Right of integrity over bridge fails

The IPKat is intrigued by a story sent to him by Mariona Baldo (thanks Mariona!) concerning copyright in a Spanish bridge. Architect Santiago Calatrava unsuccessfully sued the city council of Bilbao and two construction firms after they added a footbridge to a bridge over the River Ria that he designed. Although the judge found "There has been an appreciable alteration of the work…which changes its unmistakable personality…it has ceased to be a self-contained work,” he ultimately found that there had been no violation of Calatrava’s right to integrity because the public interest required an addition to the bridge to allow pedestrians to traverse sufficiently freely. Said the judge:

"The alteration has occurred; but the right to the integrity of the work is not violated, the author being obliged to bear it in the interest of the public served by the bridge."

This is Spain’s first case about the right of integrity concerning engineering works.

The IPKat is glad that common sense has prevailed here. It would make life extremely difficult if architects could object to alterations to buildings which others have commissioned from them, and would enable them to control other people’s ‘real property’. More fundamentally, the IPKat questions the wisdom of granting a right of integrity over works of architecture in the first place. This wouldn’t be such a problem in the UK since an architect’s right of integrity only gives him the right to have his name removed from buildings which have been altered in a way which is derogatory to his reputation.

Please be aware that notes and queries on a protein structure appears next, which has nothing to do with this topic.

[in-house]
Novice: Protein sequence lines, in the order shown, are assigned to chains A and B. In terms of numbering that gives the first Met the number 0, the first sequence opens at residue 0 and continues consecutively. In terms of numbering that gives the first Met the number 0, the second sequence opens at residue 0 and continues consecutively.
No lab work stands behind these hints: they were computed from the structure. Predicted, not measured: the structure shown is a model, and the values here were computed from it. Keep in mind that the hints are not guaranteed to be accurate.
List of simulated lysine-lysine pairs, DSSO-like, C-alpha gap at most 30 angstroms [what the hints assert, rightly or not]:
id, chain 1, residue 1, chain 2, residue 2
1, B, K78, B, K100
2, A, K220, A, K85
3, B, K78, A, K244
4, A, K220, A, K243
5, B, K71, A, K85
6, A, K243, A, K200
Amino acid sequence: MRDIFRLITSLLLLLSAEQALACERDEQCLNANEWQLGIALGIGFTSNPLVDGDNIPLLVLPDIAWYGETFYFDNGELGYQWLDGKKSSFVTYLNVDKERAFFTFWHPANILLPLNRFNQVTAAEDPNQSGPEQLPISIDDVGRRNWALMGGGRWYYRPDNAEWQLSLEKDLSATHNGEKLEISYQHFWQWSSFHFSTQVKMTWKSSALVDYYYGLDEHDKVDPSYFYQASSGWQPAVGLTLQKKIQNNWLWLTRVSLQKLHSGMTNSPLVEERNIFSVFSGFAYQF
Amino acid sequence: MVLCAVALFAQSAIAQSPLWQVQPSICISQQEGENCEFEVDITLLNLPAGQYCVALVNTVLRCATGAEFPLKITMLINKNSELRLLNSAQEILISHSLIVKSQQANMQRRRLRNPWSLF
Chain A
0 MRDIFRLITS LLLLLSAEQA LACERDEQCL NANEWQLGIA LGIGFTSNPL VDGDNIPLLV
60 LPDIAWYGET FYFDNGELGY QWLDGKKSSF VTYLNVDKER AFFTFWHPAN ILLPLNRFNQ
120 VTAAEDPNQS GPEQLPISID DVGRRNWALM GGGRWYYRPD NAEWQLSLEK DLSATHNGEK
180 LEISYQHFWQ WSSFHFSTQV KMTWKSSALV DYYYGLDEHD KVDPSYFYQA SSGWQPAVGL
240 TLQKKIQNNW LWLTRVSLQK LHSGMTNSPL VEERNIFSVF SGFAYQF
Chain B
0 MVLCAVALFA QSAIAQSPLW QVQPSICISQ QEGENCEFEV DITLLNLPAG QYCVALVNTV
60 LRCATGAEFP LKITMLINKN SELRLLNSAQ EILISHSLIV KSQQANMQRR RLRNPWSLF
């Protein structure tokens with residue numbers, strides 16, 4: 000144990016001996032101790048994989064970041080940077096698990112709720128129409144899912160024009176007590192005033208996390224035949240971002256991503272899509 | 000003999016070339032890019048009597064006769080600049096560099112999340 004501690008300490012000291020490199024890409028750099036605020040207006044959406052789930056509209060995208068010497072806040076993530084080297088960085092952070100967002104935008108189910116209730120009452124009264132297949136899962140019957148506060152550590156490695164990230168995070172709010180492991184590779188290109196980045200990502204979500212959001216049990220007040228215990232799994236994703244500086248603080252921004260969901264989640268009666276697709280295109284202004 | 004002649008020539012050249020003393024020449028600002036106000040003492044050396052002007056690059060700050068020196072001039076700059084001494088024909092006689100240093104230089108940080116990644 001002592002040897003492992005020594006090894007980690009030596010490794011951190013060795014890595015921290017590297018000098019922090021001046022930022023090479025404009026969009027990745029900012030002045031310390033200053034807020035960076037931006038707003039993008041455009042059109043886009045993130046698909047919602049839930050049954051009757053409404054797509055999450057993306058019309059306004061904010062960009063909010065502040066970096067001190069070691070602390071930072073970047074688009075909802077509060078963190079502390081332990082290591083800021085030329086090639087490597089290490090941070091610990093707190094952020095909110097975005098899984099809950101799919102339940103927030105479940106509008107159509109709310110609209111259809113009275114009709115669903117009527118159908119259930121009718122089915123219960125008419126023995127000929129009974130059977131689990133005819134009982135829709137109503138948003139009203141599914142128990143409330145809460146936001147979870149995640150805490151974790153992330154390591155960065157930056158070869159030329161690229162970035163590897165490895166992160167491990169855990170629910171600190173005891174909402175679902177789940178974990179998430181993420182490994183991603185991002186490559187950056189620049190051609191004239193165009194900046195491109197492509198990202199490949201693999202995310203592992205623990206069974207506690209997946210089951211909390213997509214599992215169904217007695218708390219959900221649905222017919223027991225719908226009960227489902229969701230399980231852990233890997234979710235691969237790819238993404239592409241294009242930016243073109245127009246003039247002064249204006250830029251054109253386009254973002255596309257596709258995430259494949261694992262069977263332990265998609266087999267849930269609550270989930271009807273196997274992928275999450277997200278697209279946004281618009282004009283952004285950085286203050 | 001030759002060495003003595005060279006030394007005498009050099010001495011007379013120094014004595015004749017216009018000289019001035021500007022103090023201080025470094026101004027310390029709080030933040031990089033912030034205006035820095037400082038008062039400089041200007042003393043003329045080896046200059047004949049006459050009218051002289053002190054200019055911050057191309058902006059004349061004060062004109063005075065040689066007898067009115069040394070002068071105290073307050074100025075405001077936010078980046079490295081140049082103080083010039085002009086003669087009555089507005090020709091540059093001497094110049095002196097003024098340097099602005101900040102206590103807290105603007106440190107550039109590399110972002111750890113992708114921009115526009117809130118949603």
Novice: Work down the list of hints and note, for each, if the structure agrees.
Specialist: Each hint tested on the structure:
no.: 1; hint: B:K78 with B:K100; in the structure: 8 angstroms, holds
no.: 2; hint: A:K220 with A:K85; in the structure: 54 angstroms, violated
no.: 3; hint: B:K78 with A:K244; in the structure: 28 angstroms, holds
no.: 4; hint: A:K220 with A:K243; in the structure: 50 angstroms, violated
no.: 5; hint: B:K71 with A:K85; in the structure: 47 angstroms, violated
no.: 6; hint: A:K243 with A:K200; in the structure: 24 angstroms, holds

Right of integrity over bridge fails Right of integrity over bridge fails Reviewed by Anonymous on Tuesday, December 04, 2007 Rating: 5


  1. This has been a great problem with the Olympic Stadium in Munich - the stadium wasn't ideal for football matches but the architects refused to allow alterations. As a result the Allianz arena was built and the Olympic Stadium stands empty, gently rotting away, apart from the odd concert and athletics event.

  2. Thanks to the IPKat's distinguished friend José Julián Izquierdo Peris I am in possession of a copy of the full 38-page transcript of this decision, in Spanish. Anyone who would like to see it should email me at jjip@btinternet.com and I'll forward it.

  3. As I remember last year common sense did not prevail in Germany, the overdebted Berlin modified the building of the main train station which was under construction (with the view of cost reduction) and as a result the court ordered to Berlin to reconstruct the train station according to former plans of the architect.

  4. The result is consistent with an amusing Canadian decision 25 years ago, where an engineer could not use his moral rights to prevent a telecommunications tower he had negligently designed from being braced, to prevent it falling down on whomever was around: New Brunswick Telephone v. John Maryon Int’l Ltd(1982) 141 DLR(3d)193. Public safety can trump moral rights, it appears.


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